X-ray microscopy of a single whole cell is briefly reviewed with respect to spectromicroscopy and holography. A resonance peak in XANES (X-ray absorption near edge structure) will be useful for imaging elements and molecules. X-ray holography is a different approach to the development of X-ray microscopy and may be applicable to three dimensional imaging of a cell.
Harima Science Garden City is being constructed by Hyogo Prefectural Government in the south-west part in Hyogo Prefecture. The area under development is 960 ha. This city will include research institutes, academic institutions, industrial factories and houses, and the amenity for the people to live in this city is aimed. The SPring-8 is the biggest institute and Faculty of Science, Himeji Institute of Technology was located in order to collaborate with the SPring-8. The many research institutes will be constructed in this city by industrial companies, and one of them, Harima Research Institute of Sumitomo Electric Industry has already started its activities. The total concept to construct Harima Science Garden City is described.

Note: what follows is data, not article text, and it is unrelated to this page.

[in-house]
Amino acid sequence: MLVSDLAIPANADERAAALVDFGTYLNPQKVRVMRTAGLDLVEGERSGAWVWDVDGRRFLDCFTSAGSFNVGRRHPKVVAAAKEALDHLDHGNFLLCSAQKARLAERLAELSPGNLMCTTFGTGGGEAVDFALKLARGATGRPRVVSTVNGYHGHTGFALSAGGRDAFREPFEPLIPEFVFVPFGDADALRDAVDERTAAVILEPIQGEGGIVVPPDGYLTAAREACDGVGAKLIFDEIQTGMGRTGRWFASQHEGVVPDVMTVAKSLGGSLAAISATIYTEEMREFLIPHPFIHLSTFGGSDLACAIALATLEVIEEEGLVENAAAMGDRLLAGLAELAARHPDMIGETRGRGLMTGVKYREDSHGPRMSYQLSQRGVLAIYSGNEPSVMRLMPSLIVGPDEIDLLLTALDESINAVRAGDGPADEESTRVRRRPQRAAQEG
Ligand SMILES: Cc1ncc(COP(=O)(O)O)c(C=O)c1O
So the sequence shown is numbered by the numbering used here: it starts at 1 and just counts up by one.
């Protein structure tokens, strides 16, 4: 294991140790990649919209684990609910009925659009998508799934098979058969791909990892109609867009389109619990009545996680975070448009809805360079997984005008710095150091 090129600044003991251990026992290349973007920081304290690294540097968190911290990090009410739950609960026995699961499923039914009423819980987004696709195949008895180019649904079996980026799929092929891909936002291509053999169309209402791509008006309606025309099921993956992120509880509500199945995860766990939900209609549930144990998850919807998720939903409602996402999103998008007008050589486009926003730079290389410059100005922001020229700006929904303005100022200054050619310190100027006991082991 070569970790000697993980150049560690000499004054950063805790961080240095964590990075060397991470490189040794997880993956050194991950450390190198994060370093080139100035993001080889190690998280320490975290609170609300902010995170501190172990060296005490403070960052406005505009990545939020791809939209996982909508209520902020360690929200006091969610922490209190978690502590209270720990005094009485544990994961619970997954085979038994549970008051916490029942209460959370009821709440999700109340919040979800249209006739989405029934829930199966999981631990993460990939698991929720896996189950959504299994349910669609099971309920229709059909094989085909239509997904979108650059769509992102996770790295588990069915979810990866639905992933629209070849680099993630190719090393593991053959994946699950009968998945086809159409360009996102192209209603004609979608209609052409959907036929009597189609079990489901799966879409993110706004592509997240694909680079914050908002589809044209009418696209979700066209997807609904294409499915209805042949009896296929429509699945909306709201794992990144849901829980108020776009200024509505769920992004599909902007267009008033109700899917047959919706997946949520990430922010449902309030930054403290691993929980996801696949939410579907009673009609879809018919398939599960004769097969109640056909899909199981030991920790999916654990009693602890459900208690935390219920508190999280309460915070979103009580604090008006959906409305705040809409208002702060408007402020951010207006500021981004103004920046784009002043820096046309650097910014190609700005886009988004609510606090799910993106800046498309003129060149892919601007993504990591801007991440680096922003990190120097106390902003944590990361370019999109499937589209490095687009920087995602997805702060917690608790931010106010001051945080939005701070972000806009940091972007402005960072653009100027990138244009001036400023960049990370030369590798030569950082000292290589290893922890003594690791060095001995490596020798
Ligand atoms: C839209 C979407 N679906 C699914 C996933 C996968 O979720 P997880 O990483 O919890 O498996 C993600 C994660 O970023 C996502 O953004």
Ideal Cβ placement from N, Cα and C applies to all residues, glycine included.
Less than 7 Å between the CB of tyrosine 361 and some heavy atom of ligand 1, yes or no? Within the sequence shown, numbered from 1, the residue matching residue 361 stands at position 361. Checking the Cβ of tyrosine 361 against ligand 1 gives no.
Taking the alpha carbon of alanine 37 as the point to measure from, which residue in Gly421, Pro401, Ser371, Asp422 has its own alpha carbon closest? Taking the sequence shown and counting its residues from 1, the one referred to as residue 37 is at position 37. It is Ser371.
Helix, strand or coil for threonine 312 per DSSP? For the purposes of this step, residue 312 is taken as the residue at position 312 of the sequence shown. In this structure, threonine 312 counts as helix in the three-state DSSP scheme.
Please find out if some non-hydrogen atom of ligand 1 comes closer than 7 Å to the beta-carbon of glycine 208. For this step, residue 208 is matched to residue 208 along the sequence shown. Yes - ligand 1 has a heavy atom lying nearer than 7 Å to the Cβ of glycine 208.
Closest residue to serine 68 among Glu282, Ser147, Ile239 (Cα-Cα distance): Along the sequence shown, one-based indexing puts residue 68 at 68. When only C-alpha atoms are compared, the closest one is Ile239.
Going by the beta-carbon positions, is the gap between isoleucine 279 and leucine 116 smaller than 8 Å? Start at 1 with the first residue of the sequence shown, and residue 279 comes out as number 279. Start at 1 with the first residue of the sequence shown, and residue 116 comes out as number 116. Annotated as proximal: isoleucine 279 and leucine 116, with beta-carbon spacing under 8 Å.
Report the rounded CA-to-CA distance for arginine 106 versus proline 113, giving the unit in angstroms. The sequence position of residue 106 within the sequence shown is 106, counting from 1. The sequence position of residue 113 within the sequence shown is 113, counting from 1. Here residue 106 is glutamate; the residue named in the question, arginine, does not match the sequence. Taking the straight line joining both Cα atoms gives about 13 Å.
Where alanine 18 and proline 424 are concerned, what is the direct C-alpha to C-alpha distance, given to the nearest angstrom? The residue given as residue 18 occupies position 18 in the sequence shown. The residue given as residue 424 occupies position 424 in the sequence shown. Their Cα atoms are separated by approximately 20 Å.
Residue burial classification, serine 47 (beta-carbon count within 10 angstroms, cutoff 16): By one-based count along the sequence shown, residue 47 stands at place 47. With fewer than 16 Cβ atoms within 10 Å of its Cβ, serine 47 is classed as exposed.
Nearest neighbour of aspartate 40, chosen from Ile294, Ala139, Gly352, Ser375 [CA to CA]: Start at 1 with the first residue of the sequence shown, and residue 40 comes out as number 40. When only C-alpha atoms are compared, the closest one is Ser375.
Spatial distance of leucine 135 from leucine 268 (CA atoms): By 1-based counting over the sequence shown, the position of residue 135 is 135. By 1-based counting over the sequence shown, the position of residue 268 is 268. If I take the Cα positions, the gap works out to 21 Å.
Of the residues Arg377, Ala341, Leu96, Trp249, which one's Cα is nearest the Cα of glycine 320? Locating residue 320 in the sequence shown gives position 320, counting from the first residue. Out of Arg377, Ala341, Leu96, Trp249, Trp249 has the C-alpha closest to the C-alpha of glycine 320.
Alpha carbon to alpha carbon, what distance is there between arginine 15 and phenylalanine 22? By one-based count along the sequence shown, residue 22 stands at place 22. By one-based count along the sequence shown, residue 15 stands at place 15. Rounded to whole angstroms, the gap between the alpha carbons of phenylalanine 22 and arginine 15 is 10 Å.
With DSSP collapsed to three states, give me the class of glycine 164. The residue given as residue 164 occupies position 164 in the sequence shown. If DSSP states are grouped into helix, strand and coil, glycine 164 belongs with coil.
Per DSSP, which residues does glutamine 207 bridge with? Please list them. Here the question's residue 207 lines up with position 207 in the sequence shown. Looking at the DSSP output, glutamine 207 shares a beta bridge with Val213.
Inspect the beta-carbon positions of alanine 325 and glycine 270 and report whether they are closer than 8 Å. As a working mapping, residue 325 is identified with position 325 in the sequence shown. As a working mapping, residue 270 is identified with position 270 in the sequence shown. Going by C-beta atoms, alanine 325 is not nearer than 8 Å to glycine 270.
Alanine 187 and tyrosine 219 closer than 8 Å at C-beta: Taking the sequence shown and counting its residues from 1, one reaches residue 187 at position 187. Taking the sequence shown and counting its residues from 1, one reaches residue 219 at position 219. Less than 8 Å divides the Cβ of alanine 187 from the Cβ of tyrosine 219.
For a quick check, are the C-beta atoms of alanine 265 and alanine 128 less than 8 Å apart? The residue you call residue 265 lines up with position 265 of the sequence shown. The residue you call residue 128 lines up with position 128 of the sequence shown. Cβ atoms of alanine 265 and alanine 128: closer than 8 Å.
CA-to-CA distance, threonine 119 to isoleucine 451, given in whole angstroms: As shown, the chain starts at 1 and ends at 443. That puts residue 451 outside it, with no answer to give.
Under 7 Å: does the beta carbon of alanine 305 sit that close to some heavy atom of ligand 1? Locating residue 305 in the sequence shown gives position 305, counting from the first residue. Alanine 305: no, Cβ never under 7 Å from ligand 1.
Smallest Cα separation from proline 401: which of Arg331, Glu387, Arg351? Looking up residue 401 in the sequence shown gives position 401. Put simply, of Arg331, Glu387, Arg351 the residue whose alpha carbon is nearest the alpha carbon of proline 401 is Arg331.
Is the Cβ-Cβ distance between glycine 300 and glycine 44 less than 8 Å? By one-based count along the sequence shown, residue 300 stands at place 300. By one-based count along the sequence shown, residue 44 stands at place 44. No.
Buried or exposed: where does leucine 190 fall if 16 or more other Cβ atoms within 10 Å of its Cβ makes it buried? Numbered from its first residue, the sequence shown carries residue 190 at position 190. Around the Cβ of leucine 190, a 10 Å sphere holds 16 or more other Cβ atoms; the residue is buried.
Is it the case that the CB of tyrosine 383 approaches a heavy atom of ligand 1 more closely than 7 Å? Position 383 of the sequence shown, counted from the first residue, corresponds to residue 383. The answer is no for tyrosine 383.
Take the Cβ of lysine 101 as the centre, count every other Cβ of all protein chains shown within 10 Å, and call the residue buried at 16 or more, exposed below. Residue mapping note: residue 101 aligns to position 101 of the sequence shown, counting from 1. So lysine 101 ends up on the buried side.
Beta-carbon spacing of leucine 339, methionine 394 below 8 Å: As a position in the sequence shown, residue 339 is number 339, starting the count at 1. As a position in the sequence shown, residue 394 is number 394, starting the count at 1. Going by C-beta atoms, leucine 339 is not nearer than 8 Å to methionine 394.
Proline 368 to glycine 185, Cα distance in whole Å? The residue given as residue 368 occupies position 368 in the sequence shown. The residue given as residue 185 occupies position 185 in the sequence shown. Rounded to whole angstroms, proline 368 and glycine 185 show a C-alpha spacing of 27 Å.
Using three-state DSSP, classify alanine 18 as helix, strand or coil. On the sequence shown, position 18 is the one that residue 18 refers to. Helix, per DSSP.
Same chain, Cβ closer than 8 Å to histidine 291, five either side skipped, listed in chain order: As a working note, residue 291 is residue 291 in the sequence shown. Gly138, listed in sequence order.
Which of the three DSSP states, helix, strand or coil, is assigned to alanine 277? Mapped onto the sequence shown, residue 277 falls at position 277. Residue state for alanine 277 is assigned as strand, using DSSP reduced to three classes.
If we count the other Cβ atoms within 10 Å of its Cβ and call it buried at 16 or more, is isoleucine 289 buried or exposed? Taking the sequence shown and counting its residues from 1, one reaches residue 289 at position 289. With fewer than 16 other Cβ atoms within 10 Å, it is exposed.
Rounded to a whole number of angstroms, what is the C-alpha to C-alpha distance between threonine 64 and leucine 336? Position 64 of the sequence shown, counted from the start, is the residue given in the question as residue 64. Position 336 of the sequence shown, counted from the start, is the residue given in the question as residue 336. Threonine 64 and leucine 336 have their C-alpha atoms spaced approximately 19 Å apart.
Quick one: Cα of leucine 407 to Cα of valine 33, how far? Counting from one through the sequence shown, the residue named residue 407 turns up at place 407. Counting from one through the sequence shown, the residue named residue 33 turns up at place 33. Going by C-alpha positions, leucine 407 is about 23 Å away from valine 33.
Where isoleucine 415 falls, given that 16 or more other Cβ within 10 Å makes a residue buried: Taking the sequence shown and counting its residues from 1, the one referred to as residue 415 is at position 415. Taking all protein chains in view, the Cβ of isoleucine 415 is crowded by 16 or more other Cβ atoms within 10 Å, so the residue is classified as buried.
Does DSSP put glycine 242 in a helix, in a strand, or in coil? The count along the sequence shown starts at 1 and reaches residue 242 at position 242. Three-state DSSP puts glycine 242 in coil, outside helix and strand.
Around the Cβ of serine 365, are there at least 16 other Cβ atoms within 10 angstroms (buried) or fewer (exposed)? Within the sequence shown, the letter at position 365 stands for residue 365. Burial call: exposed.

Mitubishi-kasei Institute of Life Sciences, Machida 194 and Graduate Program in Biological Sciences, Hokkaido University, Faculty of Science, Sapporo 060. Massive neuronal death occurring during development (naturally-occurring neuronal death) plays a pivotal role in sculpting the nervous system. The nuclear type of cell death, one of the three types of cell death found in vivo, shares several features common to apoptosis. Using cultured sympathetic neurons and neuronal PC12 cells. molecular nature of this mechanism has been extensively explored. This review summarizes recent advances in this study along with those of regulatory mechanisims including the role of intracellular Ca2+. The idea that neurons have an intrinsic suiside program has led us to hypothesize that collapse of homeostasis during senescence may activate this program as well. Proposed mechansim of neuronal death in Alzheimers disease is very intriguing in support of this notion.